Dante Ross Selects His Favorite Fela Kuti Songs
A&R and producer Dante Ross picks his favorite Fela Kuti tracks in the latest artist playlist series by Fela.net.
Dante Ross kicked off his career in the music industry at Tommy Boy Records in the late 1980s, where he played a prominent role in the signings of De La Soul, Queen Latifah and Digital Underground. Following that stint, Ross became one of the first hip-hop-focused A&Rs at a major label, bringing on the likes of Brand Nubians, Leaders of the New School, Busta Rhymes, Pete Rock & C.L. Smooth, KMD, and Del The Funky Homosapien to Elektra Records. He then went on to produce for Everlast and Santana's Supernatural.
Ross is the latest name to select his favorite Fela Kuti songs for Fela.net's artist playlist series. "My pops was a big Fela fan and he took me to see him at the Ritz in NY with Egypt 80 when I was 14-15 years old and I’ve been hooked ever since," he mentions to the website. "The music of Fela has a meditative quality that makes a day at home reading a book or on the couch relaxing even that much more priceless. Fela’s songs are proof for me that god exists in music.”
Stream Dante Ross's Fela picks in a Spotify playlist that includes "ITT," "Fear Not For Man," "Lady" and read his detailed explanations below. Check out other Fela Kuti playlists from Questlove, Black Thought, Talib Kweli, Brian Eno, Rich Medina, and Ziggy Marley.
"ITT" – This was the first Fela record I listened to religiously. I feel in love with this record in my late teens. My pops was a big Fela fan and he took me to see him at the Ritz in NY with Egypt 80 when I was 14-15 years old. I discovered this record a bit later and instantly became hooked. The album 'Black President' opened the door for my exploration into Fela and Afrobeat. The title and chorus chant alone (International Thief Thief) spotlights the political and satirical brilliance that is Fela Kuti.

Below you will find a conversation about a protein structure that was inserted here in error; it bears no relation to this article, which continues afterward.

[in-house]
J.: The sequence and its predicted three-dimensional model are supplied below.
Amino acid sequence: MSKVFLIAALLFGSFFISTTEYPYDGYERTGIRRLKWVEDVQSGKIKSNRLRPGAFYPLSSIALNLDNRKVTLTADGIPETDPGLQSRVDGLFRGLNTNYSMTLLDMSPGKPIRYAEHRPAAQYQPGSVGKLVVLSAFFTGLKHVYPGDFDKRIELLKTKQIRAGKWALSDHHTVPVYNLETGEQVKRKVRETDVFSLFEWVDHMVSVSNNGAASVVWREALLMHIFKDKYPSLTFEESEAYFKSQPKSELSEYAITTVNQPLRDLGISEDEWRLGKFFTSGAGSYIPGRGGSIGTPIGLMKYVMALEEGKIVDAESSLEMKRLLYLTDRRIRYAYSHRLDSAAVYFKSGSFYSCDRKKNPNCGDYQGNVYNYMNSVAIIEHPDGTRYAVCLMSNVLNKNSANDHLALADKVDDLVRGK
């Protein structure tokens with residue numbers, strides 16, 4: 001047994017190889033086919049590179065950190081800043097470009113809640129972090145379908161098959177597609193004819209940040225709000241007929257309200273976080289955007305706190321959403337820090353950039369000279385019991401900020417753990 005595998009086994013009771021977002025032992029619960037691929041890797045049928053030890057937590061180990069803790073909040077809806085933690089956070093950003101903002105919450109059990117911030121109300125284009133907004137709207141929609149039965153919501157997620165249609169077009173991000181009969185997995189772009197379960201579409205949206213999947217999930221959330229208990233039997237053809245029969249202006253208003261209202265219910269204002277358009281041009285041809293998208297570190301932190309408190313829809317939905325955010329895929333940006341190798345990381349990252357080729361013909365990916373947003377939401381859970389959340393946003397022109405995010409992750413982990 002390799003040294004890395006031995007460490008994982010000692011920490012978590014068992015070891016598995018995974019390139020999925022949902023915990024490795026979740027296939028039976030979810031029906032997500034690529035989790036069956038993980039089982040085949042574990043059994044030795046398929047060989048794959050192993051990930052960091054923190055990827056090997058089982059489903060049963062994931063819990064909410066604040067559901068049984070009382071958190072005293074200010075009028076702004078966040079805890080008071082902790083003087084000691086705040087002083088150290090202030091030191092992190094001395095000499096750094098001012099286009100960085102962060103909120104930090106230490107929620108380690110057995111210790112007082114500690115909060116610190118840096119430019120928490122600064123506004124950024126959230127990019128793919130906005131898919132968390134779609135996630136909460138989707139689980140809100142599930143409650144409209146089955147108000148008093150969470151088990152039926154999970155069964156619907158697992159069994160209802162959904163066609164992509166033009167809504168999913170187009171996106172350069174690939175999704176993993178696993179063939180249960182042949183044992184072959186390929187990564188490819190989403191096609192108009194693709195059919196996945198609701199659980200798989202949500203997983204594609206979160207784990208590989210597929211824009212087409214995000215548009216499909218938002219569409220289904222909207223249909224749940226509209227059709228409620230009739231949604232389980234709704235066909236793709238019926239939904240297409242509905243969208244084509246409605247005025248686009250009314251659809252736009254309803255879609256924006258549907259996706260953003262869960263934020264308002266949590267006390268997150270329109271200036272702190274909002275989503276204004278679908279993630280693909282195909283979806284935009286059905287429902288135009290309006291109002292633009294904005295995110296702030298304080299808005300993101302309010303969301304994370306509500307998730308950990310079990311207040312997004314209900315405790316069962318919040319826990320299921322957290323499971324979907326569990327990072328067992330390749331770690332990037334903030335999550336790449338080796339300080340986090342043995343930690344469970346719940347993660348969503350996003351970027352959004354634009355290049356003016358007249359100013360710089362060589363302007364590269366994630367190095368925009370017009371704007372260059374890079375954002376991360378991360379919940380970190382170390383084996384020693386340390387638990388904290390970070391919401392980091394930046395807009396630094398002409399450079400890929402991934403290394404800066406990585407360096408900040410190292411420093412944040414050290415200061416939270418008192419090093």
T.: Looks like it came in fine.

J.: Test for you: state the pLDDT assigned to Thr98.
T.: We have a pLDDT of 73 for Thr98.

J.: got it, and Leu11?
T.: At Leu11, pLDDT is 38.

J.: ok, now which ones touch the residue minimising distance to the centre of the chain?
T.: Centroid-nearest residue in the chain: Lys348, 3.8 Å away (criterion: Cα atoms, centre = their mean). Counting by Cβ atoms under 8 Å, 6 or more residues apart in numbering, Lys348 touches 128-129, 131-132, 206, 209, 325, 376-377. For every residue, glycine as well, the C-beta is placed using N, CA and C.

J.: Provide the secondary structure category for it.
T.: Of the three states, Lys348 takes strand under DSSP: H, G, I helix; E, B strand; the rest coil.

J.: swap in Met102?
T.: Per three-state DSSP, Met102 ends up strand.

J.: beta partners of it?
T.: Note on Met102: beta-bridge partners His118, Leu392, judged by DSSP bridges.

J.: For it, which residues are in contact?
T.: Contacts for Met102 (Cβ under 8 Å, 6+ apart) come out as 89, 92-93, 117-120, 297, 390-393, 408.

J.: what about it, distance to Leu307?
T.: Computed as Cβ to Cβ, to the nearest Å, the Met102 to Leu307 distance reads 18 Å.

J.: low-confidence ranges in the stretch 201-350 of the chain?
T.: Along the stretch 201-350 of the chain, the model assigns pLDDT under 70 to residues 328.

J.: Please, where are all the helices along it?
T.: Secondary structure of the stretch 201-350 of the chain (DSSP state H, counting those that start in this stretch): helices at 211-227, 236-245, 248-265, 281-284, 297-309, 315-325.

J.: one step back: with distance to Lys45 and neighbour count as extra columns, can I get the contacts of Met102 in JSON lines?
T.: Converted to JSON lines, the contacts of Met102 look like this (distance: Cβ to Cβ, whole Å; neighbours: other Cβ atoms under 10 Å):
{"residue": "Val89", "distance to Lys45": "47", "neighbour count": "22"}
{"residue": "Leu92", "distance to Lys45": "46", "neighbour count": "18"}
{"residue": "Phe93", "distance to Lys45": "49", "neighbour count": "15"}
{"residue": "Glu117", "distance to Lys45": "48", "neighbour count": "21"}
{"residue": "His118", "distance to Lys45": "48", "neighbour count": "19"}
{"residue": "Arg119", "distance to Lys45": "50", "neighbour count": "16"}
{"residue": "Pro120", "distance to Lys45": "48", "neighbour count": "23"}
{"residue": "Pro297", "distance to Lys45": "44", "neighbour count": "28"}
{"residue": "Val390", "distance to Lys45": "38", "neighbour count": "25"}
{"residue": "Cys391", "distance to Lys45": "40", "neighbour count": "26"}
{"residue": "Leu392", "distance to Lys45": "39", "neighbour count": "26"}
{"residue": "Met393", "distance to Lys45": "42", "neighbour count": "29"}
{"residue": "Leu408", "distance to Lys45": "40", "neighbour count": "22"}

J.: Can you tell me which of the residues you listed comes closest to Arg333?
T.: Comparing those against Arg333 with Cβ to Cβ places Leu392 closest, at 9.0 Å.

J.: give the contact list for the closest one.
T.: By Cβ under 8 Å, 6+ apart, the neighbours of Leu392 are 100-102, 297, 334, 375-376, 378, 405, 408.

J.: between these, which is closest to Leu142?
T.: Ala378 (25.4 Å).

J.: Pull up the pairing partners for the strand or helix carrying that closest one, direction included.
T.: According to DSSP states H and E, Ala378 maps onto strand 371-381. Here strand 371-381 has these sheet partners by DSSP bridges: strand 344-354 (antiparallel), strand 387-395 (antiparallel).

“Fear Not For Man" – The drums in the intro and the hypnotic organ line are mesmerizing as is the tune all 14 minutes of it. The groove is just so relentless and obviously James Brown influenced. A great great dance record. Tony Allen’s playing on this and all his Fela recordings are just superb, He is on the bar which all drummers aspire to. His groove is so deep and he plays the most intricate time signatures with the greatest of ease. On all Fela’s music the drums are the pulse and Tony Allens pulse was magnificent. One of the all time greatest drummers in almost everyone's book.
“Africa Center Of The World” – Fela Kuti and Roy Ayers. Found this record during my crate digging days. Kenny Dope’s re-edit / remastering of this is amazing. Another hypnotic, relentless groove and dance floor rocker. This always reminds me of Rich Medina’s Jump N’ Funk Fela parties he did in NYC circa 2004 or so, Also a classic for Danny Krivit’s body and soul parties.The combo of Roy Ayers and Fela has a spiritual connotation.
"Colonial Mentality" – The saxophone intro groove with those drums is so gorgeous. This song for unknown reasons brings up a strong emotion for me. It tugs at my heart in a weird and inexplicable way. Love this song I have listened to it on repeat all day a bunch of times in my life. Once again the chanting vocals provide an hypnotic feel that only Fela’s music can provide. The repetition is gorgeous there is no part of the chord progression left unexplored. Like most Fela music it has a meditative quality that makes for a good day at the crib reading a book on the couch relaxing priceless. This song is proof for me that god exists in music.
"Lady" - Saved my favorite for last. This song is maybe Fela’s most famous. It’s just a brilliant piece of music. Fela and Africa 70 just beat the groove to death exploring every inch of the progression building on it time and time again only to strip it down and build it up again. This tune exemplifies the brilliance of Fela and Afrobeat in all it’s glory from the chant vocal, to the English lyrics, the unforgettable melody and the percussive nature of the rhythm that is beyond relentless. I can listen to this song forever and always find a new thing in it, a new piece of inspiration, another thing that makes Fela and James Brown musical kindred spirits.